Interestingly, tea drinking is a major source of potassium for many people. The recommended daily intake for potassium is 3500mg for an adult in the UK, or 4700mg if you’re an American… I guess that’s just the vagaries of national science policies, not some biological difference between the two populations.

Manganese (Mn) is less well known (and not to be confused with Magnesium – chemical symbol Mg).  It is also an essential component in plant nutrition, but is classed as a micronutrient as it is only required in very small amounts. Manganese plays a crucial role in photosynthesis and also in many other processes within a plant. Its role is complex and it often works in conjunction with, or sometimes instead of, other minerals. Nevertheless, it is essential.

As with potassium, the manganese content of your average cuppa will vary widely. However, the USDA provides a value of 0.5mg per 8oz cup of black tea made with tap water.

There is no established figure for the recommended daily amount or intake of manganese in human diets, therefore guideline figures are provided instead. The guideline amount for adults is in the range of 2mg – 5mg per day. In the US, intakes of more than 11mg are considered to be “possibly unsafe”. Again, in human nutrition, tea often plays a major role in providing manganese.

Tea is also somewhat acidic – again, depending on many other factors, particularly the water used to make the brew and the length of time the tea steeps. This probably explains the tradition for “feeding” tea to acid loving plants.

On balance, sharing your cup of tea (once it’s cooled, obviously) with your plants and garden is unlikely to do any harm and is quite likely to be beneficial, particularly to plants that have a high demand for potassium (e.g. tomatoes, strawberries, fruits in general) and those which prefer an acid (low pH) soil.

The curious case of cobalt…

In the late 19th and early 20th Century, sheep farmers across the world became increasingly aware of a devastating disease that caused their sheep to literally waste away and die.

Initial symptoms of the disease were a general failure of the animals to thrive, they also developed an abnormally coarse fleece. 

The disease went by many names specific to the locality where it occurred.  In the UK it was most commonly called pine, or pining disease – because the animals just seemed to give up the will to live, as though they were pining.  Other names included bush sickness and coast disease.

Stockmen had soon realised that the disease was associated with specific soils and geographic areas.  They also found that if they could move the stock to different pasture, they would sometimes recover with no further intervention. 

Initially, scientists thought the disease was caused by a deficiency of iron.  However, in the 1930s this theory was disproved and cobalt was identified as being the deficient nutrient. 

That’s all a long time ago, but I was reminded of it when the vet at a farm I was working on last year recommended giving the sheep B12 injections.  Coincidentally, at the same time a surprisingly large number of my friends, and their friends and families, had been given vitamin B12 injections by their doctors.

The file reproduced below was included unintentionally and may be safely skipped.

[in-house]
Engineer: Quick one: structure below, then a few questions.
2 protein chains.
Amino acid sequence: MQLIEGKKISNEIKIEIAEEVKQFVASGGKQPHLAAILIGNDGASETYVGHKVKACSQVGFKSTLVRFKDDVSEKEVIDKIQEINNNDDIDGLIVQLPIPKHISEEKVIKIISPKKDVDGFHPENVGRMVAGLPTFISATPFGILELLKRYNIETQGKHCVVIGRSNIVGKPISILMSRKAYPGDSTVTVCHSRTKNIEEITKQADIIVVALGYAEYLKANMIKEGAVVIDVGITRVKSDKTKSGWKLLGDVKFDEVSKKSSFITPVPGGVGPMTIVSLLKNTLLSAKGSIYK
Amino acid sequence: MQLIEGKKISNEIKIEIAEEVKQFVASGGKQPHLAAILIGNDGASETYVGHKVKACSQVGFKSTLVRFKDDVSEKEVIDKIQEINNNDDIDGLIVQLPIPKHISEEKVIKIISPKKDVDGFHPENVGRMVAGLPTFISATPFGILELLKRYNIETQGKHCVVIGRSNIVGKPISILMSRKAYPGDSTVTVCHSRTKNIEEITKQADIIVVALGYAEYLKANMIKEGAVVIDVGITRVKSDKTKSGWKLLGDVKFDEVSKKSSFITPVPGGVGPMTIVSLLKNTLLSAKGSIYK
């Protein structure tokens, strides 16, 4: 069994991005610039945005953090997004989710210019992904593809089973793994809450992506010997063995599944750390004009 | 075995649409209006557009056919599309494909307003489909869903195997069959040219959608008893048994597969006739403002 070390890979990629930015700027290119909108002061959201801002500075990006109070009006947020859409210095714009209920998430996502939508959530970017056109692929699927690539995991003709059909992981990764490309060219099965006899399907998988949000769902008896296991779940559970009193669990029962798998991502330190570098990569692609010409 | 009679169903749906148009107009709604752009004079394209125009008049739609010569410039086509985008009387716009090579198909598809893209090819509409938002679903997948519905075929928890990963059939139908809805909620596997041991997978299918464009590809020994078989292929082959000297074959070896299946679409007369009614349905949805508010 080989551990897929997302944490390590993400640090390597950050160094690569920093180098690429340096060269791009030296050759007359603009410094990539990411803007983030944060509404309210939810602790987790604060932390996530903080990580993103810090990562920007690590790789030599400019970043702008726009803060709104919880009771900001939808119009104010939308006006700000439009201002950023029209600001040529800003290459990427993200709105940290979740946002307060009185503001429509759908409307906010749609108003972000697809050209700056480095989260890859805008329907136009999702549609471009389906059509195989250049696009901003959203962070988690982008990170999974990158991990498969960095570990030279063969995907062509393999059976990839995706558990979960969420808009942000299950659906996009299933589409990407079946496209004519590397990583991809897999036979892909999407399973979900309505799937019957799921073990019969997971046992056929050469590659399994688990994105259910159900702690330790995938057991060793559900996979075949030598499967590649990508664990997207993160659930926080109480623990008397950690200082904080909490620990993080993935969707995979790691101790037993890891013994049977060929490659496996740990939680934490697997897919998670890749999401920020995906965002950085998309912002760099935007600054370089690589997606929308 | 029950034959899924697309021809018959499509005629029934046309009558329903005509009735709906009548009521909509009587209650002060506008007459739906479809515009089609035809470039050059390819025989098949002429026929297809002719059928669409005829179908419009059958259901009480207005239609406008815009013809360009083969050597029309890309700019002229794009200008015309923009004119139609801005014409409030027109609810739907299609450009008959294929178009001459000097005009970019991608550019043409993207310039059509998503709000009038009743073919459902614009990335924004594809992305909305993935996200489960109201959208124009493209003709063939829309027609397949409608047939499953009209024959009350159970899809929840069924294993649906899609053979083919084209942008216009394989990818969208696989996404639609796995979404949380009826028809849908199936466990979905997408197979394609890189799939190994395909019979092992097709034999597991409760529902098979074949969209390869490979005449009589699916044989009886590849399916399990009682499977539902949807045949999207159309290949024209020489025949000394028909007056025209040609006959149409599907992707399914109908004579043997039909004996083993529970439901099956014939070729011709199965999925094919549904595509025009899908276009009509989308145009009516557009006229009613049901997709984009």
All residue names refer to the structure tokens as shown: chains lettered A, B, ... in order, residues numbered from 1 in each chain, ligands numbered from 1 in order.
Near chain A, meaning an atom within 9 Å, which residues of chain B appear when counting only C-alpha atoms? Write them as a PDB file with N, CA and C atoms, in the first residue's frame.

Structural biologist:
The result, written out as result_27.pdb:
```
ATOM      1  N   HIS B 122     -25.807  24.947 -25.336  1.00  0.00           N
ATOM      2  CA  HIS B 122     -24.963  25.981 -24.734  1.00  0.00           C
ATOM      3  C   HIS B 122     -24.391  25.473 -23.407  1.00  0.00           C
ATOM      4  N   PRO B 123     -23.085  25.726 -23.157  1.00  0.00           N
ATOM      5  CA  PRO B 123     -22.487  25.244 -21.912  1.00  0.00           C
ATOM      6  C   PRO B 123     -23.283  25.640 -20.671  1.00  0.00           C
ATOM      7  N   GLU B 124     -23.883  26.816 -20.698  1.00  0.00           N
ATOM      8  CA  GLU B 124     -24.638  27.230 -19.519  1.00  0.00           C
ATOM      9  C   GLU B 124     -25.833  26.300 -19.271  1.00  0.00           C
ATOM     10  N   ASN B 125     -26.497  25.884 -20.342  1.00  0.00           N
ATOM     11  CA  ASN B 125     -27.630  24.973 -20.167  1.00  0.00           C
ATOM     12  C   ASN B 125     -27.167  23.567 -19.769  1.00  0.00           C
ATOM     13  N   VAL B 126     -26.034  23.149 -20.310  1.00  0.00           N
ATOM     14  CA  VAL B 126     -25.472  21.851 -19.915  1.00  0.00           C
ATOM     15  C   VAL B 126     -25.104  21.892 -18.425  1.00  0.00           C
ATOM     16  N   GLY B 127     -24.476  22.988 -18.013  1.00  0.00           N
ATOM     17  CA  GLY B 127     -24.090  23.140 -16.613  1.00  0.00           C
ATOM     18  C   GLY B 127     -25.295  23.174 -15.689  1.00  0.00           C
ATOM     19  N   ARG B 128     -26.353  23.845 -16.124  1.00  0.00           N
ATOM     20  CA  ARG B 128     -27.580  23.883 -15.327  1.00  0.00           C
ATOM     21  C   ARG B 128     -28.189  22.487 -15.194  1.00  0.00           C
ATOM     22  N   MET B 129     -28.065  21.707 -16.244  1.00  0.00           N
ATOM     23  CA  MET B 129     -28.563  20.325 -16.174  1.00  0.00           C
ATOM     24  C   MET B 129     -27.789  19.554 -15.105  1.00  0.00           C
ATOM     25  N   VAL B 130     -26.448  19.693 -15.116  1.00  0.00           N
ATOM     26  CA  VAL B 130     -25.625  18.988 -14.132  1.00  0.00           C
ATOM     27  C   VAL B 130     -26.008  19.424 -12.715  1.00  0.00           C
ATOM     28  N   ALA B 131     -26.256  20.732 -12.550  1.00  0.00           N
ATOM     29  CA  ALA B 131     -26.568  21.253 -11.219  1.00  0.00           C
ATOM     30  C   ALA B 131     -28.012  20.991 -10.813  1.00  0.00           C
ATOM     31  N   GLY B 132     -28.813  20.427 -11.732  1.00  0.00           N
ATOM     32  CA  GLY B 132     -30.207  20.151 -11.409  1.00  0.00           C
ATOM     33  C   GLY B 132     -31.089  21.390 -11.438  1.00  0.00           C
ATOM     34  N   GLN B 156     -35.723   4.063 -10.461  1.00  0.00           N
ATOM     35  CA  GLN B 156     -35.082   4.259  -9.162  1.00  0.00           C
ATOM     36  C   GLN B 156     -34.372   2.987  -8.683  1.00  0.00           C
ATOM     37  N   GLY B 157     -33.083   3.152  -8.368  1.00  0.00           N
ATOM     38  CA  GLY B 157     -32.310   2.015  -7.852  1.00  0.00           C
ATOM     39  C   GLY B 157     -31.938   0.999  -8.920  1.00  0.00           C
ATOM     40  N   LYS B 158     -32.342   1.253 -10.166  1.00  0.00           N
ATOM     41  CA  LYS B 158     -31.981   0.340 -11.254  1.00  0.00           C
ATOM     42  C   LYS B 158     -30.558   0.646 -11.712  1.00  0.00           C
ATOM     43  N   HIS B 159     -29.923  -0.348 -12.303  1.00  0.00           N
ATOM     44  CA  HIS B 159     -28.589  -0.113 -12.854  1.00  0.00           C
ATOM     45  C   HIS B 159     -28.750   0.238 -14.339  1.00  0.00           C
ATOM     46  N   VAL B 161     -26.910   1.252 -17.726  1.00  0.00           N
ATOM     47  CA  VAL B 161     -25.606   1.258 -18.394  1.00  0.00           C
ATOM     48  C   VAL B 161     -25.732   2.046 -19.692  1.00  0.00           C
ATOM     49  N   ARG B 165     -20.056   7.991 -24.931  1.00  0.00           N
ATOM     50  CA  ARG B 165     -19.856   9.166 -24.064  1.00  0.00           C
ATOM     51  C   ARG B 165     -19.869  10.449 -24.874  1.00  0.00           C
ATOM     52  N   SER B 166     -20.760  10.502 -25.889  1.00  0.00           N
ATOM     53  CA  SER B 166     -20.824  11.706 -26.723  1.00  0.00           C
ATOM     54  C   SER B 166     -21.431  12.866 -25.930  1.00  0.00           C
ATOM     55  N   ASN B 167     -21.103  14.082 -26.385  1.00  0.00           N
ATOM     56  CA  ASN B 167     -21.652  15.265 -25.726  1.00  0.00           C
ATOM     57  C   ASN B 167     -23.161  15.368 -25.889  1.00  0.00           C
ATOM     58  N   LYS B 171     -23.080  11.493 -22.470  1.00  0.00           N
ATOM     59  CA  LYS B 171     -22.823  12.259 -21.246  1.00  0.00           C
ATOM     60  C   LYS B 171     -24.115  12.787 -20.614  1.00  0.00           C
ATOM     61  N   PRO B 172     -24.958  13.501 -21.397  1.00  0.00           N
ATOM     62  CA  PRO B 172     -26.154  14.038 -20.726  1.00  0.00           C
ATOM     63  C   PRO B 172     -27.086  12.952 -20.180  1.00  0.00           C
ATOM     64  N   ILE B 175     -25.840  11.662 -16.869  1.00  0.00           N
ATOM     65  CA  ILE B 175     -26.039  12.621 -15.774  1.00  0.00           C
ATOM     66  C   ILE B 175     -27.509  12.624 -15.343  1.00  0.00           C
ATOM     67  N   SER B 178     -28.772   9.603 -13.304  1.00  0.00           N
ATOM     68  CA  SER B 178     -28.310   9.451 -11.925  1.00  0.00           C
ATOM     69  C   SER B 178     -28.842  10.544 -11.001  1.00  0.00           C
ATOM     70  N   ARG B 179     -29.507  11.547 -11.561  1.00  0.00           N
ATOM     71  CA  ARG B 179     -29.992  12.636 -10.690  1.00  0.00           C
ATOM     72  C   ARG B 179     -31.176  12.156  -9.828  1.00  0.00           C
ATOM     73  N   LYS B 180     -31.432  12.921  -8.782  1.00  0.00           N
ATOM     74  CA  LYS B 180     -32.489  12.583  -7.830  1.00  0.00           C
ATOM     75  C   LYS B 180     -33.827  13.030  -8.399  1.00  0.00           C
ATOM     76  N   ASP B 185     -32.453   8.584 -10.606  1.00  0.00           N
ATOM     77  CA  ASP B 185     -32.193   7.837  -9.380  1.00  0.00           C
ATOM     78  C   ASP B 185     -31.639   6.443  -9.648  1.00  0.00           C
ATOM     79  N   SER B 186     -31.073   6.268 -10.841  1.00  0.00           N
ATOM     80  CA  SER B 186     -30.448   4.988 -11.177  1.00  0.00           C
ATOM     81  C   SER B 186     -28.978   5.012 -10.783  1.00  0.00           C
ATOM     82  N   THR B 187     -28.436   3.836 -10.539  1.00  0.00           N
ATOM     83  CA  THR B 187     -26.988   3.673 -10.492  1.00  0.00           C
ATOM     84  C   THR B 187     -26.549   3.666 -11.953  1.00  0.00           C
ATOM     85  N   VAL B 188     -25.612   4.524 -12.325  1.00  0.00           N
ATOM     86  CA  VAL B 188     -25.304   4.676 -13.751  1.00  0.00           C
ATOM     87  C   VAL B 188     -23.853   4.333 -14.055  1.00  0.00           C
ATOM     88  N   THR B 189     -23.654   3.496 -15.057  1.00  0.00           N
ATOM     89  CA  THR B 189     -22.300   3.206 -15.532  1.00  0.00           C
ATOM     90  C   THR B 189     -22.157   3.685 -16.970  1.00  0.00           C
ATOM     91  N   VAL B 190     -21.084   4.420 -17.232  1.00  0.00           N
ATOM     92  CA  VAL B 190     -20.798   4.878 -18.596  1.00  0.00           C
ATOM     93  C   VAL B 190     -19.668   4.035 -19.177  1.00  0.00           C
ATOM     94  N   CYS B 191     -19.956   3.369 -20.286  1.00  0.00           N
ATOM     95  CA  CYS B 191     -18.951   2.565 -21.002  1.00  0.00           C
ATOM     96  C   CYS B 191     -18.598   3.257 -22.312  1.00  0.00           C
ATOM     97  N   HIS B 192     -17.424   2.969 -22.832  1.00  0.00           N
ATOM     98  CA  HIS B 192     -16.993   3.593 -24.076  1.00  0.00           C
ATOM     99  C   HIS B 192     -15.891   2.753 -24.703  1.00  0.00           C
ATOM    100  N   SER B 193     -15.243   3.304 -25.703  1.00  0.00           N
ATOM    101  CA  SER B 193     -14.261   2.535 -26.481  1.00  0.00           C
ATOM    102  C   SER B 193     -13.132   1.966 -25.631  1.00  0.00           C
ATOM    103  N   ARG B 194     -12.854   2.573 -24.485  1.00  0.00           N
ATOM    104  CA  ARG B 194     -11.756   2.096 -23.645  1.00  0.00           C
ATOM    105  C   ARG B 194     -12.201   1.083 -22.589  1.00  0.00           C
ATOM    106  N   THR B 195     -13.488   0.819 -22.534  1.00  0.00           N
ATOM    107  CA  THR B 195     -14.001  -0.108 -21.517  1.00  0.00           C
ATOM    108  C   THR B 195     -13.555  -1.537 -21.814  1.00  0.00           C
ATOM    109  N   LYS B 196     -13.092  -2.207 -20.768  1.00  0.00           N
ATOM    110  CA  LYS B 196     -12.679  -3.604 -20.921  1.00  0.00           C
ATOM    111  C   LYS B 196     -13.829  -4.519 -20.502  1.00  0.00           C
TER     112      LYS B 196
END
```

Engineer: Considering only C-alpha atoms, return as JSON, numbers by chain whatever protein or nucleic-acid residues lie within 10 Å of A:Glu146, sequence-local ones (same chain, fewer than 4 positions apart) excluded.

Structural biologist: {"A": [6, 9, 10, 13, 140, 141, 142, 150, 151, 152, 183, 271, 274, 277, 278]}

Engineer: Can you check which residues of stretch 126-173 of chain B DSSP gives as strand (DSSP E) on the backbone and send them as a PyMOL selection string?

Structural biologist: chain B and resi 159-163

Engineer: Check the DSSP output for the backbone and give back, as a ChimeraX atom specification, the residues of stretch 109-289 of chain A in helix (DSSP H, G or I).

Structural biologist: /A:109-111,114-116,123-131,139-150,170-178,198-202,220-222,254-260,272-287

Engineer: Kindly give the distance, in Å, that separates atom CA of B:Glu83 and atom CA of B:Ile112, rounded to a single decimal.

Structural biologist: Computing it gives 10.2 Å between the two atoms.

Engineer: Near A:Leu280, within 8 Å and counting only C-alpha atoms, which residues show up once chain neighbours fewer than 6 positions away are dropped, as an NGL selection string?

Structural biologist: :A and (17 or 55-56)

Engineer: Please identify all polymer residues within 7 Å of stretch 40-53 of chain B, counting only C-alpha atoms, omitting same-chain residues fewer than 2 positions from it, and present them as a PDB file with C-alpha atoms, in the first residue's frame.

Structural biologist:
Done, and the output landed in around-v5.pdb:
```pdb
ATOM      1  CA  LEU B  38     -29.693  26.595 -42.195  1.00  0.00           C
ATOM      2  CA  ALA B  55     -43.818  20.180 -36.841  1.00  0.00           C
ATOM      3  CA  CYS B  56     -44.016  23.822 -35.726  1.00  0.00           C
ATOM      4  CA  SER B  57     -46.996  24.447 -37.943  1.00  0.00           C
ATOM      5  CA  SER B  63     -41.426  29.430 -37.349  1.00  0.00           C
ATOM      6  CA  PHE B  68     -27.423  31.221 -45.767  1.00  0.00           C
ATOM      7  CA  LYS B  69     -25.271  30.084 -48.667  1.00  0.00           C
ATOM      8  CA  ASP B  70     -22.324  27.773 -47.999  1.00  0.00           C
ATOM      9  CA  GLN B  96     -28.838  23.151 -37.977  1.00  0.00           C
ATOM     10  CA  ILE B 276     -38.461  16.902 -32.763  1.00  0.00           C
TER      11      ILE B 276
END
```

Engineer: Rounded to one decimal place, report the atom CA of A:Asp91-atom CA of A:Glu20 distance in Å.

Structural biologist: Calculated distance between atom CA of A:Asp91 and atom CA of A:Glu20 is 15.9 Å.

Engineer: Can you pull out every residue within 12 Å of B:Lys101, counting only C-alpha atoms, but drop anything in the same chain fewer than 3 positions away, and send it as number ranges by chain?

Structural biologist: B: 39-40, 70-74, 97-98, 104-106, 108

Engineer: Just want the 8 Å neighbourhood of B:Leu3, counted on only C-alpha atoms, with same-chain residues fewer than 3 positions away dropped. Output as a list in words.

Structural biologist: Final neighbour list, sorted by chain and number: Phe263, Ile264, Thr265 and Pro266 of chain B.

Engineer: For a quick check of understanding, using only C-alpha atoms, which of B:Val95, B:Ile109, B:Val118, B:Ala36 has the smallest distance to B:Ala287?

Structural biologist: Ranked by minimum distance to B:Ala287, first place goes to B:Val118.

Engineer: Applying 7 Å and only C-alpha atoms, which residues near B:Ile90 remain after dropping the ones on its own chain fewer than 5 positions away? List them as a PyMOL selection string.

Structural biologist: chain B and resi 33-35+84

Few farms bother testing their soils at all, and those that do generally only test for pH (to see if they need to lime) and maybe Phosphorous (P) and Potassium (K).  Hence, few if any would know whether their soils were deficient in cobalt (or any other micronutrient).

And what does that have to do with B12?  Well, cobalt is an essential constituent of vitamin B12; another name of B12 is cobalamin.  In ruminant animals, like sheep, cobalt is needed by the bacteria that live in the animal’s rumen and carry out most of their digestion.  These bacteria also synthesise vitamin B12 which is absorbed by the animal.  So, a deficiency of cobalt is thought to adversely affect ruminants through reducing digestive efficiency and causing B12 deficiency.*

In humans, B12 is essential for red blood cell formation and energy production (amongst lots of other things).  Humans need to obtain an adequate amount of vitamin B12 in their diet and the best natural sources are red meat, eggs, fish and dairy products.  A lack of B12 causes a type of anaemia.

So, maybe if the soil is deficient in cobalt meaning the lambs are needing an injection of B12, perhaps their meat, and the milk products from the dairy herd, are also going to be lower in B12 than might be expected.  And maybe that’s why so many people have been needing B12 injections lately…

The role of cobalt in plant nutrition is poorly understood, except for that in nitrogen fixing plants it plays a critical role for the nitrogen fixing bacteria.  Research is still on-going to find out more about its role in non-nitrogen fixing plants.

The take home message of this story is that the interactions between soil, plants/crops, livestock and human nutrition are incredibly complex and fascinating.  There are at least 15 essential mineral elements involved in plant nutrition – and that number tends to keep on increasing as scientists develop a better understanding of plant nutrition.

* for useful information on cobalt deficiency in sheep see the Teagasc factsheet at http://www.teagasc.ie/newsletters/farmingtips/2009/sheep-20090623.asp

Green waste compost

Few would dispute that the concept of composting green waste to create soil improvers, growing media etc. is a good thing. 

However, the experience of utilising such products is not necessarily so good. 

Contamination of the compost, particularly with plastics, but also things like hypodermic needles, engine parts, oil filters, mdf of unknown composition, rat carcases, etc. can make it off-putting to use. 

Contamination by things not so easily seen can be just as bad, if not so quickly apparent.  Weed seed burdens continue to be at unacceptably high levels, even in many PAS100 certified green waste composts.  There also remain continuing reports of herbicide residues causing problems – particularly, but not exclusively, aminopyralids.

A new and unlikely champion of quality control and improvement in green waste composting has entered the arena: the National Council for Metal Detecting (NCMD).  Apparently the amount of metal residue in the waste is causing them problems and concerns…

It is probably good to have input from such an unlikely perspective.  Anything that helps to improve the quality and safety of composted green waste has got to be a good thing.